Babies / Feminism / Finances

If you don’t want kids you’re, like, totally selfish.


I really hate hearing and reading that people—especially women-people—who don’t want kids are selfish. The way I see it, you get maybe 80 years of life, give or take? You should spend that time doing whatever awesome shit makes you happy, whether that’s seeing everything in the whole world or being unstoppable at your career or having kick-ass kids who will support you in your old age. Or, that is the ideal. I recognize the privilege stinking up that statement—for some people, life is hard and money is tight and the fences aren’t always the kind made of white pickets.

  • For some people, the choice not to have children is instinctive—some people don’t like kids. Have you met kids? They are not for everyone.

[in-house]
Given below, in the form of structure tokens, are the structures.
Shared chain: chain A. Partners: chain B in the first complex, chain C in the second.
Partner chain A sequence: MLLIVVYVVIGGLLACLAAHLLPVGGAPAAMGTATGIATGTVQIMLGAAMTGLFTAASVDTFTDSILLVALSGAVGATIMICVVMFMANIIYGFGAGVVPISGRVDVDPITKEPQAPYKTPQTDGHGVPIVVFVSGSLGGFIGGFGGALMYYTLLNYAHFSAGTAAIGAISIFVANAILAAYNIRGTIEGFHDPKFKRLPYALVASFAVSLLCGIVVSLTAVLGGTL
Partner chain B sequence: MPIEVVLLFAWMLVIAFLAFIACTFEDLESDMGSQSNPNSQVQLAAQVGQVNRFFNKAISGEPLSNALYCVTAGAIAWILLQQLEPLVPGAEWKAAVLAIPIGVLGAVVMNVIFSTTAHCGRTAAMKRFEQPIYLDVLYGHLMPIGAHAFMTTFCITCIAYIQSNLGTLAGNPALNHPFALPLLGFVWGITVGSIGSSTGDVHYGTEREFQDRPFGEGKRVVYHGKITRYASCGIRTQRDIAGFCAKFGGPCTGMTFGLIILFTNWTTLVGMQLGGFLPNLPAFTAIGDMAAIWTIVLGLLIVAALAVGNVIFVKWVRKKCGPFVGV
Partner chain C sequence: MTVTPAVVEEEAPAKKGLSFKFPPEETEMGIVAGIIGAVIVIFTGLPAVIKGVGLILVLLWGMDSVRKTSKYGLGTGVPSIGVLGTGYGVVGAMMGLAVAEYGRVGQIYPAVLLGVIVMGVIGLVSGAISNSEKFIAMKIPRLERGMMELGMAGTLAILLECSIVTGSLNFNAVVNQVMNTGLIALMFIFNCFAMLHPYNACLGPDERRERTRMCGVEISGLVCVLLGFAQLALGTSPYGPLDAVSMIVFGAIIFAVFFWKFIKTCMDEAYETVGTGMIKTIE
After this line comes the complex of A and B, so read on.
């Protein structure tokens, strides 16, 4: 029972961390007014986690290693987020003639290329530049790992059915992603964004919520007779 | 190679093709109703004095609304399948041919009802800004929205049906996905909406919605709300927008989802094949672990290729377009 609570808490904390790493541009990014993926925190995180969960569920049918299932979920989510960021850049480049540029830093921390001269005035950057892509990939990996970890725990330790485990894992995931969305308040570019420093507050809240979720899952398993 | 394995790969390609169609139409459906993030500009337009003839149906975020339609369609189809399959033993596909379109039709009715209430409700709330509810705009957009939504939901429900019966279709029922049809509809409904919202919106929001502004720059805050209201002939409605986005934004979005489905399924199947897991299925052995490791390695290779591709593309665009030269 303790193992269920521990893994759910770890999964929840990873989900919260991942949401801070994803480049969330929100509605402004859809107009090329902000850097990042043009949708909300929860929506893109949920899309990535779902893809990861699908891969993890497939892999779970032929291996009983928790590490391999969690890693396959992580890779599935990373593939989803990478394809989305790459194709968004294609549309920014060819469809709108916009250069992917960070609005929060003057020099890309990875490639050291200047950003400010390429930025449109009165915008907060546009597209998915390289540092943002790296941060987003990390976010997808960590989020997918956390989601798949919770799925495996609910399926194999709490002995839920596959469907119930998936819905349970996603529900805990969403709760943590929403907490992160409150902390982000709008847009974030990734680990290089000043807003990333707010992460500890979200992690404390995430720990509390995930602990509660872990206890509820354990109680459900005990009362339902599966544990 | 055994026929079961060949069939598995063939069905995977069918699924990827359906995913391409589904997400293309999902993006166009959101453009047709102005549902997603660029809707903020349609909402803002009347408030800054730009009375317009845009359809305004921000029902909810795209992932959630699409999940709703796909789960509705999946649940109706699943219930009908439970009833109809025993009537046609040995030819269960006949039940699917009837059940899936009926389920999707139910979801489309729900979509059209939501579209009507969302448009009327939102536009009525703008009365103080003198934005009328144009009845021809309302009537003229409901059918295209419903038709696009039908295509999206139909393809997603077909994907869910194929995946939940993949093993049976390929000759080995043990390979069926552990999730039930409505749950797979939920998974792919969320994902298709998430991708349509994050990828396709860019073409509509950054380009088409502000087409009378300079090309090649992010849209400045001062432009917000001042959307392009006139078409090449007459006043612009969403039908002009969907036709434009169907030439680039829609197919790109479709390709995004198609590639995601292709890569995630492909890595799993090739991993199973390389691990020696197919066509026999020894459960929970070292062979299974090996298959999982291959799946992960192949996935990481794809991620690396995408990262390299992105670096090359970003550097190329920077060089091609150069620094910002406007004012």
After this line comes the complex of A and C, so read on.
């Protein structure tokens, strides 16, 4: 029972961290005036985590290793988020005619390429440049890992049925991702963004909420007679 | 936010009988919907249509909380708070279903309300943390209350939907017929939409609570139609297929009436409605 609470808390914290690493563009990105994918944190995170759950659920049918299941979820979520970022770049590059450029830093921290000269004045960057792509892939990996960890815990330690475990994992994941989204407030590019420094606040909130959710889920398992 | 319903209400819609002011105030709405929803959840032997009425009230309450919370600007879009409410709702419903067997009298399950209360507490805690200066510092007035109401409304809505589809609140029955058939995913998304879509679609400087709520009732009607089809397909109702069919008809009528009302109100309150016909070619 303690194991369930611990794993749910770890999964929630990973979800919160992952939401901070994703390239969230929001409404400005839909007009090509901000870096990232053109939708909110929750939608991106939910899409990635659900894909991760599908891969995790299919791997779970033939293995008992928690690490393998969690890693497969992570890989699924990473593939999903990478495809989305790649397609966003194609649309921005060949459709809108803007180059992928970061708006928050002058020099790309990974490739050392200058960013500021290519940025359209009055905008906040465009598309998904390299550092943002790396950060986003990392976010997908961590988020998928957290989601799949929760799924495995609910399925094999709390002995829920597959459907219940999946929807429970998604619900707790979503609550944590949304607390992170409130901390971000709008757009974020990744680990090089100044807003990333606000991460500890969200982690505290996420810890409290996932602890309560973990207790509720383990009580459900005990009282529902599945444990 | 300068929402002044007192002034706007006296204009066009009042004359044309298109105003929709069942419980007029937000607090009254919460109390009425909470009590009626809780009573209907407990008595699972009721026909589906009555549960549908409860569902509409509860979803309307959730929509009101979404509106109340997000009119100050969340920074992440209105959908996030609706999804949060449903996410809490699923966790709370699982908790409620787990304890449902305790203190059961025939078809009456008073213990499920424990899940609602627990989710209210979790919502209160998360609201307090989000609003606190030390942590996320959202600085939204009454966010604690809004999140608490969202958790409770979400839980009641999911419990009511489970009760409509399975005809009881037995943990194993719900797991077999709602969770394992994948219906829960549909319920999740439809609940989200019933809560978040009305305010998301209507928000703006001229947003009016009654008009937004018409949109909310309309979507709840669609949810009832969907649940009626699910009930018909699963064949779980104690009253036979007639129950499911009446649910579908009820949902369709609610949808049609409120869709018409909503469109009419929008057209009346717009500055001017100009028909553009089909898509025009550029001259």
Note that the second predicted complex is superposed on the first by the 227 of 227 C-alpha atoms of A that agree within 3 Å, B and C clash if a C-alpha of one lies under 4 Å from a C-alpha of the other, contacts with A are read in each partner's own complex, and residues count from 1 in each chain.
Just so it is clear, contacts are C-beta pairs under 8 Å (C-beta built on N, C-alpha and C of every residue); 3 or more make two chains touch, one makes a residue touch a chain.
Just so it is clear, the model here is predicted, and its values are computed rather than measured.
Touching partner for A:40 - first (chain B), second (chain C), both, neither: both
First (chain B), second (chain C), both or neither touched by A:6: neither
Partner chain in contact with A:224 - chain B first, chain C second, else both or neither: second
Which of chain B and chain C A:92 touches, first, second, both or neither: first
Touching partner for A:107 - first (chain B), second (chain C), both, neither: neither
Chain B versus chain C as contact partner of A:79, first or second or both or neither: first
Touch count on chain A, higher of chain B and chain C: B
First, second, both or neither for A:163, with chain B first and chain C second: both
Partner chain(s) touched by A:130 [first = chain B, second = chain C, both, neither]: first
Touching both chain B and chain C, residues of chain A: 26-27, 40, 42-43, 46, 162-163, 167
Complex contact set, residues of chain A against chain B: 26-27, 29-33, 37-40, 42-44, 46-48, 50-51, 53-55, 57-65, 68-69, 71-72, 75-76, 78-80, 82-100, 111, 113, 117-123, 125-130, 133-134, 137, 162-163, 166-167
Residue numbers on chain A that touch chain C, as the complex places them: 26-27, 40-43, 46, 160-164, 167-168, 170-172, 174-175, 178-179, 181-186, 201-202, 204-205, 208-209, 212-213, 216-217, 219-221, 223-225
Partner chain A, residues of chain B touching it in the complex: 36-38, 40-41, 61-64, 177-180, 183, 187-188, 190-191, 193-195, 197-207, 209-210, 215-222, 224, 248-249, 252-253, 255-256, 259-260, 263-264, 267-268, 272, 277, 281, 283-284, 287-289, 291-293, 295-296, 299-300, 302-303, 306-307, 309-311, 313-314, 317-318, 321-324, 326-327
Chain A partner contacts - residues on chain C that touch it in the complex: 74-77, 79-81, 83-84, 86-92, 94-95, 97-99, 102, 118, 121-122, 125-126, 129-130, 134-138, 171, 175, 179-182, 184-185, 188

• For some people, the choice to have kids is similarly instinctive—some people have kids because they always wanted them. Good for them.
  • For some people, the choice not to have kids is difficult—some people want kids but can’t afford them because, you guys, THE ECONOMY.
  • For some people, the choice to have kids is accidental because sometimes kids just happen because your birth control craps out and you decide “What the hell, Courtney Love did this, therefore so can I!”

All of these choices have consequences of time and money. Kids are expensive! Work is time-consuming! I’m going somewhere with this, I promise.

Last week in The Globe and Mail, Doug Saunders asked: “So, what would it take to persuade you to have another baby? A big tax break? A monthly stipend? Free child care? A big house?”